Wednesday, January 16, 2008

Allegiance: Obama's Hand and Heart

Chris Ortiz at Chalcedon wonders about Barak Obama's (occasional) failure to put his hand over his heart when the National Anthem is played or the Pledge of Allegiance is recited.

I'm very sensitive to this issue of "allegiance." Years before the Ninth Circuit Court of Appeals ruled that schoolchildren should not be permitted to say the words "under God" in the Pledge of Allegiance, that court ruled that I could not have a license to practice law in California, even though I had passed the California Bar Exam and was otherwise completely qualified. I've provided details here:
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In a nutshell, my allegiance to God is greater than my allegiance to the government. If the government commands me to do something that God forbids me to do, or if the government forbids me to do something that God says I must do, I have decided in advance that I "ought to obey God rather than man." A federal court in Los Angeles said the U.S. Supreme Court says such defective allegiance renders a man unfit to be an attorney. My final brief on appeal before the Ninth Circuit was written pro bono by three well-known Professors of Constitutional Law and a former California State Supreme Court Justice. The U.S. Supreme Court declined to hear my appeal.

For this reason I no longer recite the Pledge of Allegiance.

Not that I'm not permitted to do so, but that I do not wish to. After all, if the government says I don't have enough patriotism to become a lawyer, I surely don't have enough allegiance to say the Pledge.

My feelings were further confirmed when I saw video of tanks crushing children's toys at Waco, before incinerating 80+ Americans, all the while waving an American flag on their whip antenna. The flag has become for me a symbol of tyranny.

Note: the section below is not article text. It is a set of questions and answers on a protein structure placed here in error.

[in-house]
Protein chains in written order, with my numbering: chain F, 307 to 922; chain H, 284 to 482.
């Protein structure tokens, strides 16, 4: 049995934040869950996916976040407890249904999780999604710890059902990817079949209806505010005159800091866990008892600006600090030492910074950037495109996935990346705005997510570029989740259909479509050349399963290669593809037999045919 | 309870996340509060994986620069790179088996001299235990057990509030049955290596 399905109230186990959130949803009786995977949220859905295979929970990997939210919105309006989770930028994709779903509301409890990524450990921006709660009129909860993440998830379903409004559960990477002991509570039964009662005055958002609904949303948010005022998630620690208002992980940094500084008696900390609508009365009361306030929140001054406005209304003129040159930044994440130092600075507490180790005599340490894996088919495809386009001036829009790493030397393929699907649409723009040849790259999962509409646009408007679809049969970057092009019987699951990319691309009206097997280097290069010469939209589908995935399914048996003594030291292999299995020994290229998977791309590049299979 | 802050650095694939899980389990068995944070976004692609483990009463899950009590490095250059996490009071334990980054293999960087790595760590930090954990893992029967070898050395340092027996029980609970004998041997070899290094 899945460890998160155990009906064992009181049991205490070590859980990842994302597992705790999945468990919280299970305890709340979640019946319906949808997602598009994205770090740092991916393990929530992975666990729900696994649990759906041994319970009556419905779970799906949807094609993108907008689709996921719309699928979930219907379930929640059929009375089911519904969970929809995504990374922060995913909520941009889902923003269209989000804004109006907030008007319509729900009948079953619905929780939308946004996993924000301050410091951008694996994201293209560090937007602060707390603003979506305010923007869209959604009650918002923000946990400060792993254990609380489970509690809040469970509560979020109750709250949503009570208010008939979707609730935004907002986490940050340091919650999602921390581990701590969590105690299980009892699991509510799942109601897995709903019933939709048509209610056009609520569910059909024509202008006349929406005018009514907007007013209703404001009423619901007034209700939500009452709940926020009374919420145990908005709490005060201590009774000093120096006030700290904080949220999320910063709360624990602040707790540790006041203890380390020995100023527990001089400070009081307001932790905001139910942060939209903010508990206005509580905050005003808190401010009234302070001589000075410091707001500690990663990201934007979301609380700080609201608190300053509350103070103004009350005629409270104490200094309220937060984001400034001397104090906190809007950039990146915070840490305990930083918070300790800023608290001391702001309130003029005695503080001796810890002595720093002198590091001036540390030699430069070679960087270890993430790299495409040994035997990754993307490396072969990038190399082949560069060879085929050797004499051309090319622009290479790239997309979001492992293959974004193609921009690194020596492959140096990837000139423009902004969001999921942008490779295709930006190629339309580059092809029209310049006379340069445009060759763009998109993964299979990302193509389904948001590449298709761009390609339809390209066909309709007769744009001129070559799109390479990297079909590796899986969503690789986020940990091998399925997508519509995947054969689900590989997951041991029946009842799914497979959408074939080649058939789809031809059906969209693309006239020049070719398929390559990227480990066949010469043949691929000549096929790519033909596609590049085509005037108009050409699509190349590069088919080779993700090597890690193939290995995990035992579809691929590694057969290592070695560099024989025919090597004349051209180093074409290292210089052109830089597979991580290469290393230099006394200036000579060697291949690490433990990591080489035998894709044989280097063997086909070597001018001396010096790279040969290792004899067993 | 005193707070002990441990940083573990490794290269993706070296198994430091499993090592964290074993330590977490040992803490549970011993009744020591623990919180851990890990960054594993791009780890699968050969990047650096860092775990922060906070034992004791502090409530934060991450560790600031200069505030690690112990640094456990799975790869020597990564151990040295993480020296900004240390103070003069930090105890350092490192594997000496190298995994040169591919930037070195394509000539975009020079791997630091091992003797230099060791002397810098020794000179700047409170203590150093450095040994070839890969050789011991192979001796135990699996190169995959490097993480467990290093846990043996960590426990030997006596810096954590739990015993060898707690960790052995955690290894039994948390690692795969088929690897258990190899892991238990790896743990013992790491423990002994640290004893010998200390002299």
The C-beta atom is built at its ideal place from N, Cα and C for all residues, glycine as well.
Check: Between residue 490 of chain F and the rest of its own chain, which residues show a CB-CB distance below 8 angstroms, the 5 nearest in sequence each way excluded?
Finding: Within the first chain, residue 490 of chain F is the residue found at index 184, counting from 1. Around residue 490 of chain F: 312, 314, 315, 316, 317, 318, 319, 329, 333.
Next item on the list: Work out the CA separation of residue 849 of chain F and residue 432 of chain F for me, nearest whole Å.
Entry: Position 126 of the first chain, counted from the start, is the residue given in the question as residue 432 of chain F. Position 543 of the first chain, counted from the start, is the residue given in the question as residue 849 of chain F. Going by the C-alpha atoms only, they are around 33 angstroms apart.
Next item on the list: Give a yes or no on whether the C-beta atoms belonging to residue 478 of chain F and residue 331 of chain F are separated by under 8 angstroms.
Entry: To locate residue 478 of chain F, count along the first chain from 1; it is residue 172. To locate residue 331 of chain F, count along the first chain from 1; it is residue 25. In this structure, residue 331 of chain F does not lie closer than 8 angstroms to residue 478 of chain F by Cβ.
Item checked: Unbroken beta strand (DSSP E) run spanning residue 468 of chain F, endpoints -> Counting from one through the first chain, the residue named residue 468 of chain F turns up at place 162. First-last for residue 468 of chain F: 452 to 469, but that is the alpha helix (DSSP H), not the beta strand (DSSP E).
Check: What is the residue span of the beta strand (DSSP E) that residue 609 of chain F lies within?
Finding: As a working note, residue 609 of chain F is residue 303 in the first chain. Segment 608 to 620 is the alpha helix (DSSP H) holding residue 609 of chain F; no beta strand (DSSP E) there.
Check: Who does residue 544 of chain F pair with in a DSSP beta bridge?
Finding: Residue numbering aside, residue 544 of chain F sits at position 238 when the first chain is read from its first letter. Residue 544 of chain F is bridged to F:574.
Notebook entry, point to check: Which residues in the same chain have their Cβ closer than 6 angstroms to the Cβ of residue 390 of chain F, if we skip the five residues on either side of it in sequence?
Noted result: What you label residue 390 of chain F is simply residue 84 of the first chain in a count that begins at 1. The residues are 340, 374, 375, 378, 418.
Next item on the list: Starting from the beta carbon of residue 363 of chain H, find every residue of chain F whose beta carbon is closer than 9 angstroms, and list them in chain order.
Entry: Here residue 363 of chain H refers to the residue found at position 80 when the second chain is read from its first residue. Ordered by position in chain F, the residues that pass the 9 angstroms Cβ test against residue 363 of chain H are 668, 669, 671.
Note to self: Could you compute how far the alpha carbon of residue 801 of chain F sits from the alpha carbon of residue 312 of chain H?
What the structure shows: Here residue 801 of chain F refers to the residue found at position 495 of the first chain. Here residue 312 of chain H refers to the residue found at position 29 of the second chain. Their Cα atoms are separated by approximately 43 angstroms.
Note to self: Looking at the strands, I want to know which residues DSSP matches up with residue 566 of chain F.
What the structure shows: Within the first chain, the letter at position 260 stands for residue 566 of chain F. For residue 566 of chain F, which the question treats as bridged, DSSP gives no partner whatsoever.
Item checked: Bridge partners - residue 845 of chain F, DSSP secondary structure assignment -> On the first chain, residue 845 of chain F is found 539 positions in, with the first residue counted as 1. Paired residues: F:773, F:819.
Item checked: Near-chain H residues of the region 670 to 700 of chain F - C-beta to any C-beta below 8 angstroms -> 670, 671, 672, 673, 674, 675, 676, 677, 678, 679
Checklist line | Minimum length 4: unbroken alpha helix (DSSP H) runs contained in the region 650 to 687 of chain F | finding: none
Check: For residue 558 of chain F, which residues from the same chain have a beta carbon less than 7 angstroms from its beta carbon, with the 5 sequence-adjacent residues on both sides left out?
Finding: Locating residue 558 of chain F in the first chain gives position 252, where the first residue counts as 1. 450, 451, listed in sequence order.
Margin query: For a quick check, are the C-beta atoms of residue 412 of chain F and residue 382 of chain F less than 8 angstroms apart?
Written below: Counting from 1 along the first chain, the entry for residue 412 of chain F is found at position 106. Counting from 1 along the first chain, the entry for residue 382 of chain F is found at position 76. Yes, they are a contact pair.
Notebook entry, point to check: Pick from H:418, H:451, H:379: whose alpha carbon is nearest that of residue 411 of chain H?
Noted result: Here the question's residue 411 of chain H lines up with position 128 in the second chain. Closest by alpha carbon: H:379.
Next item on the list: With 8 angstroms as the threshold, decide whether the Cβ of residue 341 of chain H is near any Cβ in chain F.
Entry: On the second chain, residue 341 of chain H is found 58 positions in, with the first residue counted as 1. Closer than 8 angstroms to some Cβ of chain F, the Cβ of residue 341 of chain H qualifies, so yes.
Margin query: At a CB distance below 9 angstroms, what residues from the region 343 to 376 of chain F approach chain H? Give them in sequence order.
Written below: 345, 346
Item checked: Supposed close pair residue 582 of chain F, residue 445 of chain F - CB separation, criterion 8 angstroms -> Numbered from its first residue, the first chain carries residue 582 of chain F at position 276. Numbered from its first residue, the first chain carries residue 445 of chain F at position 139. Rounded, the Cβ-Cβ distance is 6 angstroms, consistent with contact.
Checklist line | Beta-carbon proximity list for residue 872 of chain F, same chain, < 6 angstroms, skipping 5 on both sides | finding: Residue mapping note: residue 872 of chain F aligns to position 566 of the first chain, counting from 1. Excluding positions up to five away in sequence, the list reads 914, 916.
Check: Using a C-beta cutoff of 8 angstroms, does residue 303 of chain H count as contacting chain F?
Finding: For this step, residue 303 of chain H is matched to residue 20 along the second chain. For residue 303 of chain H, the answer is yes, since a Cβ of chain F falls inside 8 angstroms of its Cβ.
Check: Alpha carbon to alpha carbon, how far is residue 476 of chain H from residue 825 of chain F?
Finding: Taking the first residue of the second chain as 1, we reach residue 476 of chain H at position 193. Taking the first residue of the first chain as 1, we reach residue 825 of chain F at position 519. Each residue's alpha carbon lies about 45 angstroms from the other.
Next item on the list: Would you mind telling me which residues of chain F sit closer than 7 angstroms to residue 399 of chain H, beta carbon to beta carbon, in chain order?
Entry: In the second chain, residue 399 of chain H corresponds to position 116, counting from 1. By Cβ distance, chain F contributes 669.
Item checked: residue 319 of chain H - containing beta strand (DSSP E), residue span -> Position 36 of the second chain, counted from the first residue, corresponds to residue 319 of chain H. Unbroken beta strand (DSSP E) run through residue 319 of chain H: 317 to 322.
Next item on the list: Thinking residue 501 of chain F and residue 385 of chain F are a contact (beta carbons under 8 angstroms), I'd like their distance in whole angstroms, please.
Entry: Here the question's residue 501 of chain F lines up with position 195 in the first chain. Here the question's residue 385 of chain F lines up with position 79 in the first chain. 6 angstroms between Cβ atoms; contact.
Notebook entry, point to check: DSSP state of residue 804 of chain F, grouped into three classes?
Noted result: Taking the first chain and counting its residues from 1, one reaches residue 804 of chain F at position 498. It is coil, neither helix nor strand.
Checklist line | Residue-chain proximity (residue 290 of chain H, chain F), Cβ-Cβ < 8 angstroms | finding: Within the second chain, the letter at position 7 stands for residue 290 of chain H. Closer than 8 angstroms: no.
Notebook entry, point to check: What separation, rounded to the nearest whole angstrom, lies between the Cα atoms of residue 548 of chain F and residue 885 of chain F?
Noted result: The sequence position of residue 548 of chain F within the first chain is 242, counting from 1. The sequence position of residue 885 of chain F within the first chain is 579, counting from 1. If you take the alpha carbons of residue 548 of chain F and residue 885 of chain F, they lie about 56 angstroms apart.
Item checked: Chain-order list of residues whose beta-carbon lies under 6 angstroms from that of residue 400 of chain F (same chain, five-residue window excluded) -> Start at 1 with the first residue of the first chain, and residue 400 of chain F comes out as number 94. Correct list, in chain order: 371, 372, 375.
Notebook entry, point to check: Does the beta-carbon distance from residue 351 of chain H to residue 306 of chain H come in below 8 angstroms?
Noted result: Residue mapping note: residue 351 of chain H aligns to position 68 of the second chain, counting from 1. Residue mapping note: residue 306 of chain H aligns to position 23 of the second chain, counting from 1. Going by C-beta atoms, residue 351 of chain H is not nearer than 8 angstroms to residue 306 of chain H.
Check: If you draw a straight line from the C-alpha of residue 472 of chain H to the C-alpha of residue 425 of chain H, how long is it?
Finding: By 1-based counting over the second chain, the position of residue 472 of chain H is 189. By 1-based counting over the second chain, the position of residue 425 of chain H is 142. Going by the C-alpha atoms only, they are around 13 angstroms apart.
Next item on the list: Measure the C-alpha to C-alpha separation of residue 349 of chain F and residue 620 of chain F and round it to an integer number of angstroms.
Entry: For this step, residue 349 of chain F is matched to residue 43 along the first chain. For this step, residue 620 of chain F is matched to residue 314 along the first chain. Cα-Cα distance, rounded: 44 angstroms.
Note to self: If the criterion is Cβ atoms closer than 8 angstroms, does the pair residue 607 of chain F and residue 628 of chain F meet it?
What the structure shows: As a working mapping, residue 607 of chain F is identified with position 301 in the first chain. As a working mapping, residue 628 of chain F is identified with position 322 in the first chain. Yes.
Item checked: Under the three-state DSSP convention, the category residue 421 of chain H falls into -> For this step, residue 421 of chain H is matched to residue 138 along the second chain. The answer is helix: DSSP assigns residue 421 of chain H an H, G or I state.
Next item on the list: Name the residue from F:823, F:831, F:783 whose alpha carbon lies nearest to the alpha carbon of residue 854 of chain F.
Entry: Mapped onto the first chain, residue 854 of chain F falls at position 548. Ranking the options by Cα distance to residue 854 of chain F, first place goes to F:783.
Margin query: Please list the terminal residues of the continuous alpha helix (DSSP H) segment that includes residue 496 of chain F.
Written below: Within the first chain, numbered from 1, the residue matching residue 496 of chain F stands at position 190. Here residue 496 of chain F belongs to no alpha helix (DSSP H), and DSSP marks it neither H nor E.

It used to be the case, when America was a Christian nation, that only Christians were allowed to become attorneys or hold public office. Atheists were excluded. This has been reversed. The U.S. Supreme Court has declared we are now an atheistic nation, and Christians -- who reserve their ultimate loyalty to God -- are now persona non grata. They do not have requisite allegiance to the Messianic State. I discovered dozens of reported court cases (I'm sure there are many more unreported cases) in which Christians lost their jobs or were denied American citizenship because their allegiance to God was greater than their allegiance to the government. I cannot pledge my allegiance to such a government.

The Pledge is actually "to the Republic" for which the flag stands. But we are no longer a republic.

When I first saw the video of Obama defying the Flag Code (TITLE 36, Subtitle I, Part A, CHAPTER 3, § 301), I had a great deal of respect for the man, regardless of his reasons, for standing alone in public. But it appears that no principle is involved, as he sometimes does, and sometimes does not, recite the Pledge or place his hand over his heart for the National Anthem.

I guess that irritates me. I don't understand why Obama does not feel obligated by law, custom, tradition, or public norms to do what all other ordinary Americans do. He strikes me now as an egotist. (You may say I'm the egotist, since I don't ever say the Pledge. But the reason I initially admired Obama was because it is very difficult for me to buck the crowd. I don't like to stand out or call attention to myself, and I usually try to arrive late to meetings where the Pledge is recited, just to avoid a confrontation. I went through years of litigation, probably reading more than a thousand court opinions and law review articles on the issue of allegiance and "the separation of church and state" in order to convice the government that I have sufficient allegiance to be given a Bar card. I take this issue seriously. It goes to the core of our national identity. The issue is not just flag ceremony. It is whether we are a nation "under God." The government says we are not. And when the government is not "under God," the government is god.

In fact, when the Pledge is recited, I defy the Ninth Circuit Court of Appeals by saying only two words of the Pledge: "under God.")

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